Slightly offset the speakers from the central speaker: Imagine constructing a circle that touches all four corners of your triangle to place the center speaker in the proper location. Attempt to place the center speaker above the circle. This is nearly equal to the distance between the front and left front height speakers.
From a seated posture, the front left and right speakers should create a 22-to-30-degree angle.
Toe-in the speakers: The speakers may be tilted slightly to point towards the listening location.
This will result in a sound that is narrower and more concentrated. You’ll get a broader soundstage if you don’t.
Give the speakers a modest angle: 45-to-60 degree angles are acceptable to many audiophiles. Nonetheless, 30 degrees on either side of the central speaker is a good place to start.
If you still don’t like it, try bringing the front speakers closer to the screen. While you’re doing this, pay attention. If you find that the sound quality isn’t improving, separate the front height speakers.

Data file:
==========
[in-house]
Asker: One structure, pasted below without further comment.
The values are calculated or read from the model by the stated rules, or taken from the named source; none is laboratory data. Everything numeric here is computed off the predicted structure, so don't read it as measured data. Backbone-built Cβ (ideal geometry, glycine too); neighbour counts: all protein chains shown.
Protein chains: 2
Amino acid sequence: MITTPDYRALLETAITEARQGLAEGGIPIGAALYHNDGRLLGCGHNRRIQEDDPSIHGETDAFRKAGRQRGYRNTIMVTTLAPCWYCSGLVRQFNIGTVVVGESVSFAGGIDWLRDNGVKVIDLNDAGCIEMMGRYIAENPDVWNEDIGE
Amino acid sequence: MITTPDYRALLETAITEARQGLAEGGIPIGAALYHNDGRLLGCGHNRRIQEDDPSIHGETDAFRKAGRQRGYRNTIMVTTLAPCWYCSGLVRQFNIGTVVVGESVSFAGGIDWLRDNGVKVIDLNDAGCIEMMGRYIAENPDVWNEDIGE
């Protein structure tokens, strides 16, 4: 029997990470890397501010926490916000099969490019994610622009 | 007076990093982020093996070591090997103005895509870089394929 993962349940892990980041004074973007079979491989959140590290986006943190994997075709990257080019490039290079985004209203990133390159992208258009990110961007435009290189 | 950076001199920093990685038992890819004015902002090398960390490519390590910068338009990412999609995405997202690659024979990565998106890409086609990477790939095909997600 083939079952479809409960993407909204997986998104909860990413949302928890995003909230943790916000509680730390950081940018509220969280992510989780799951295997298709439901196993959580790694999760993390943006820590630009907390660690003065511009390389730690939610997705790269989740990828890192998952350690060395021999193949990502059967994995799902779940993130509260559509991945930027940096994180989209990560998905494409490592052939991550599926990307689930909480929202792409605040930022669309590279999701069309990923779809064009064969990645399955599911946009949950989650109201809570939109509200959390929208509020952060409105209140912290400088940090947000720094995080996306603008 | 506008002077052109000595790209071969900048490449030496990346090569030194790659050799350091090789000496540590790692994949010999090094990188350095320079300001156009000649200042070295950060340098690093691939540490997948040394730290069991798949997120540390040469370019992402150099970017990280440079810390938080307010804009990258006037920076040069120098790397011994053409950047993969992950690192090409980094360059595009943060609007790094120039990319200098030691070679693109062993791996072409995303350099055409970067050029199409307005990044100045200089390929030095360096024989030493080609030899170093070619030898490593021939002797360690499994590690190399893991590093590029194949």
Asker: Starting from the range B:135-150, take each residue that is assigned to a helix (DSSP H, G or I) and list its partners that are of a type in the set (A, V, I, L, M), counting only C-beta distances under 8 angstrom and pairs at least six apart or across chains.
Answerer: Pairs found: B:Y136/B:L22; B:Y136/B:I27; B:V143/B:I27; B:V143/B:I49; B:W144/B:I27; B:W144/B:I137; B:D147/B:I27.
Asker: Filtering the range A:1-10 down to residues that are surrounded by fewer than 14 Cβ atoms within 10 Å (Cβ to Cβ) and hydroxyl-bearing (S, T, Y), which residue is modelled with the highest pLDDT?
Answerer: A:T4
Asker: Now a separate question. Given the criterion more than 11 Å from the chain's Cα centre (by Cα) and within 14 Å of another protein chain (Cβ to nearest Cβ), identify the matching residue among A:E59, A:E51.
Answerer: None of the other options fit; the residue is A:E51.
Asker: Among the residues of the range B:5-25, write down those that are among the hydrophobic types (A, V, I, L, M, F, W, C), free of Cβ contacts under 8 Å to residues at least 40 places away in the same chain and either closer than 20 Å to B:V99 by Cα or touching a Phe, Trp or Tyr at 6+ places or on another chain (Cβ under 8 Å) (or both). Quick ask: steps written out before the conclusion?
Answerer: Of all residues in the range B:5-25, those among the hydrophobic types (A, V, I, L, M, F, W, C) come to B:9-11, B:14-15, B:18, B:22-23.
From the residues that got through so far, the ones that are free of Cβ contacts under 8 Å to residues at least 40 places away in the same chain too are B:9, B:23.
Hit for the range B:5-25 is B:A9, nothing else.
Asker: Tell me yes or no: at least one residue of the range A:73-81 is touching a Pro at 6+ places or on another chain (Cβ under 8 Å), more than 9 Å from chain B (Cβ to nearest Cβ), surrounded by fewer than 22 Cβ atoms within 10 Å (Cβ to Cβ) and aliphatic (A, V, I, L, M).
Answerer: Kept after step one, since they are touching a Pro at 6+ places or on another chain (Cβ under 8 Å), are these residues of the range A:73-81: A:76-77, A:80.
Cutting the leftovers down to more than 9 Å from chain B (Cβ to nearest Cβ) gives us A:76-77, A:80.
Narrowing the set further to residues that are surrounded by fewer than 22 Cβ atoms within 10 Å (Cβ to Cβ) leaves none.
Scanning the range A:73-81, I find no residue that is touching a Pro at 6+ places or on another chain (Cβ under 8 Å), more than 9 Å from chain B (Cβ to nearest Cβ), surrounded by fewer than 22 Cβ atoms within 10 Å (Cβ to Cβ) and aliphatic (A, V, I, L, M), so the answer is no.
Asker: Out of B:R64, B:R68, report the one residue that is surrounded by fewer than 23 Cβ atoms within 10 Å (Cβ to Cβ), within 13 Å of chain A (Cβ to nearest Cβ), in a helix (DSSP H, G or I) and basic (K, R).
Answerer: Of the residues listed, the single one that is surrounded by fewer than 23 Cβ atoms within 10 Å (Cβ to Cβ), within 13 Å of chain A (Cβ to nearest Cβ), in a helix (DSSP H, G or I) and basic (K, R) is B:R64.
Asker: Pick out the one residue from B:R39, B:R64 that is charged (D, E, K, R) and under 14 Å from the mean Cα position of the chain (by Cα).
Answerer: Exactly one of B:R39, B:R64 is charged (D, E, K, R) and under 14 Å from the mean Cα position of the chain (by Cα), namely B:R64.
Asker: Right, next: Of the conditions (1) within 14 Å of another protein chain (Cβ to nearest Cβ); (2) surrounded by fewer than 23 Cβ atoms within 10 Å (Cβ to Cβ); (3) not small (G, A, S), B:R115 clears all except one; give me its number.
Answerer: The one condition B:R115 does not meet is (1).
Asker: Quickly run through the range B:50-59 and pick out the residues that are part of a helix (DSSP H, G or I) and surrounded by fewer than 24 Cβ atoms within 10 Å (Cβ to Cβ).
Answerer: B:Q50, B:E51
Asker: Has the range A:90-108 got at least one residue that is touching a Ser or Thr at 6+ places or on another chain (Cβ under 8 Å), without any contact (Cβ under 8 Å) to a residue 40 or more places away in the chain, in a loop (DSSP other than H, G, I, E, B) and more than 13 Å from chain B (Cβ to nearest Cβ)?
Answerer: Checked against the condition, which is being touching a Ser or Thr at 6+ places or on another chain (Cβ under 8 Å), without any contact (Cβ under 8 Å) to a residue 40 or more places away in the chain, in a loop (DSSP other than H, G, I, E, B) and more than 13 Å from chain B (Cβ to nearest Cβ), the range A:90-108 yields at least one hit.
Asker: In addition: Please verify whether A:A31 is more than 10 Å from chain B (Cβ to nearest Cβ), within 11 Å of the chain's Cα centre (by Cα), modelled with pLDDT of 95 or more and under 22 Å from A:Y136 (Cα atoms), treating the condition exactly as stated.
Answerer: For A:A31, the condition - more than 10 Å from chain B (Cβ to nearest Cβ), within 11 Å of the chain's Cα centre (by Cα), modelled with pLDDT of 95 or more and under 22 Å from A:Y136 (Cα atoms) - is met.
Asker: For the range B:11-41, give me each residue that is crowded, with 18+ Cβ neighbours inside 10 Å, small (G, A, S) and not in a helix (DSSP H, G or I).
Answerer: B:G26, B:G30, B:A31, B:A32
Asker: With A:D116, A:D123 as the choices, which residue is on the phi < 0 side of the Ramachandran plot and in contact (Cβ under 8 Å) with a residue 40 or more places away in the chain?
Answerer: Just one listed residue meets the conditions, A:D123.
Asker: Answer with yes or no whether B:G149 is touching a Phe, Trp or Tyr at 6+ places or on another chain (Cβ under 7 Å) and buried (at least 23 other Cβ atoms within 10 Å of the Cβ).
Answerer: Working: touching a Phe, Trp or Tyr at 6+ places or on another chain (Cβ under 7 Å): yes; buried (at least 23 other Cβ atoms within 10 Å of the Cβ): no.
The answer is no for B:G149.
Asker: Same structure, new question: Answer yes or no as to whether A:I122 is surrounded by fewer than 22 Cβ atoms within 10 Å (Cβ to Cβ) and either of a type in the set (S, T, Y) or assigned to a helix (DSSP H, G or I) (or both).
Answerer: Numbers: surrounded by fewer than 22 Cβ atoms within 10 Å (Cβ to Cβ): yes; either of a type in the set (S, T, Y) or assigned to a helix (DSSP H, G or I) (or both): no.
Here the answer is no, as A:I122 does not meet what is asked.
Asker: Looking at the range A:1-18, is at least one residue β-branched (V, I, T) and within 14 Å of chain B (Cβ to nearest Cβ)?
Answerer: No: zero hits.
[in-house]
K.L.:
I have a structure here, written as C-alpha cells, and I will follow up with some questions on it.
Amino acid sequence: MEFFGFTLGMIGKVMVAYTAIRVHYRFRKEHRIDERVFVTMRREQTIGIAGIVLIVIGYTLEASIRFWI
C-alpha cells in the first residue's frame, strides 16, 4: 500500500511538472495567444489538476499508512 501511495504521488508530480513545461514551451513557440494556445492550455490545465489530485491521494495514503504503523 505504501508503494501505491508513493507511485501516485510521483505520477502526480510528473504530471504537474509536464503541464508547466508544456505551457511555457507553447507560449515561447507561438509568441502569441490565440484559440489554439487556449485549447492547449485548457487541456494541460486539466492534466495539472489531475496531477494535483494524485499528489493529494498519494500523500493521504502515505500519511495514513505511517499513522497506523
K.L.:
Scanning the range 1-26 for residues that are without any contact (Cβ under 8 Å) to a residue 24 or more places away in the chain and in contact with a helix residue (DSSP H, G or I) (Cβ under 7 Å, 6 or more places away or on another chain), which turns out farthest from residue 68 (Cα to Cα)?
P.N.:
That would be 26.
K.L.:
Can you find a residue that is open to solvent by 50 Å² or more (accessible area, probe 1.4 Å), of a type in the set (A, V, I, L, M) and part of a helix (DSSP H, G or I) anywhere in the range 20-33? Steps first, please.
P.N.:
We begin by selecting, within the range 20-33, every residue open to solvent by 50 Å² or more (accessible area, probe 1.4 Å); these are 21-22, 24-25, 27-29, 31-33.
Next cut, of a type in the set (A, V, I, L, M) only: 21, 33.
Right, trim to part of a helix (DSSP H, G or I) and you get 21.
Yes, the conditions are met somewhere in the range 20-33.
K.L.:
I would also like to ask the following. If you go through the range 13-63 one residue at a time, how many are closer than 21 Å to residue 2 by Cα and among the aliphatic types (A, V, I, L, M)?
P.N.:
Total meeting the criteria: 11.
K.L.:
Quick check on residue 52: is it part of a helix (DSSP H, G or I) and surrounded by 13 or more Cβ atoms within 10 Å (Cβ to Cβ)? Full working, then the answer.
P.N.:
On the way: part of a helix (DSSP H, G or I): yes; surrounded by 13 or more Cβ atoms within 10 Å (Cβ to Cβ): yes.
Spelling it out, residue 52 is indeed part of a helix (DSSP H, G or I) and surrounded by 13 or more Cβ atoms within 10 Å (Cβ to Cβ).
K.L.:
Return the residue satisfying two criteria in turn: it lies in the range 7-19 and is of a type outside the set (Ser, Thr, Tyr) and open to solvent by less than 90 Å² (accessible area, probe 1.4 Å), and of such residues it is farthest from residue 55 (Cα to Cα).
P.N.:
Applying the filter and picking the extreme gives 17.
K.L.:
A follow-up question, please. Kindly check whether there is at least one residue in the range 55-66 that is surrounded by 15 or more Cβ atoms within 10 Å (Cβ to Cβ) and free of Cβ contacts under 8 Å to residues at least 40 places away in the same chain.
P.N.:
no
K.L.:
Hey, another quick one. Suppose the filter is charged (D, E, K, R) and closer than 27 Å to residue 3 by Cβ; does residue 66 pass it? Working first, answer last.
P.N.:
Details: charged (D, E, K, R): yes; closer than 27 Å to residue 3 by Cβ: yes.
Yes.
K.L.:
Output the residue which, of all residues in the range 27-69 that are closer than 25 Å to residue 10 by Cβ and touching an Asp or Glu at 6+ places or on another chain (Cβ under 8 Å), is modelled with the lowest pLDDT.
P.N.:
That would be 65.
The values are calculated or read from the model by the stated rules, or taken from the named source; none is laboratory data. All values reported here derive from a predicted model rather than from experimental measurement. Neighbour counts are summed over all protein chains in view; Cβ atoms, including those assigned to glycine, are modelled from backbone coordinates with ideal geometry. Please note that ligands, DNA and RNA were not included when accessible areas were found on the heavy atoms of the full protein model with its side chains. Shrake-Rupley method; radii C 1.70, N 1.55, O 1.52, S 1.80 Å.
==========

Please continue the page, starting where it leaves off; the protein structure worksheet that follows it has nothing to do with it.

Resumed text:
The front height speakers should be placed approximately 60 degrees from the main sitting position.
Near-ear level: As much as feasible, place the speakers as close to your hearing level as possible. Consider increasing the height of your floor-standing speakers a little.
Where Should Surround Back Speakers Be Placed?
The placement of surround rear speakers is determined by your surround setup.
5.1 Surround Sound Setup
In a 5.1 setup, surround back speakers should be positioned behind your listening position.
Surround rear speakers are not available in 5.1 setups. Nonetheless, the left and right surrounds may be used as the surround back, depending on your requirements.
Dolby recommends a listening angle of between 110 and 120 degrees. However, owing to space constraints, this is often difficult if you have a tiny room. A 90-degree angle on either side is usually the best choice.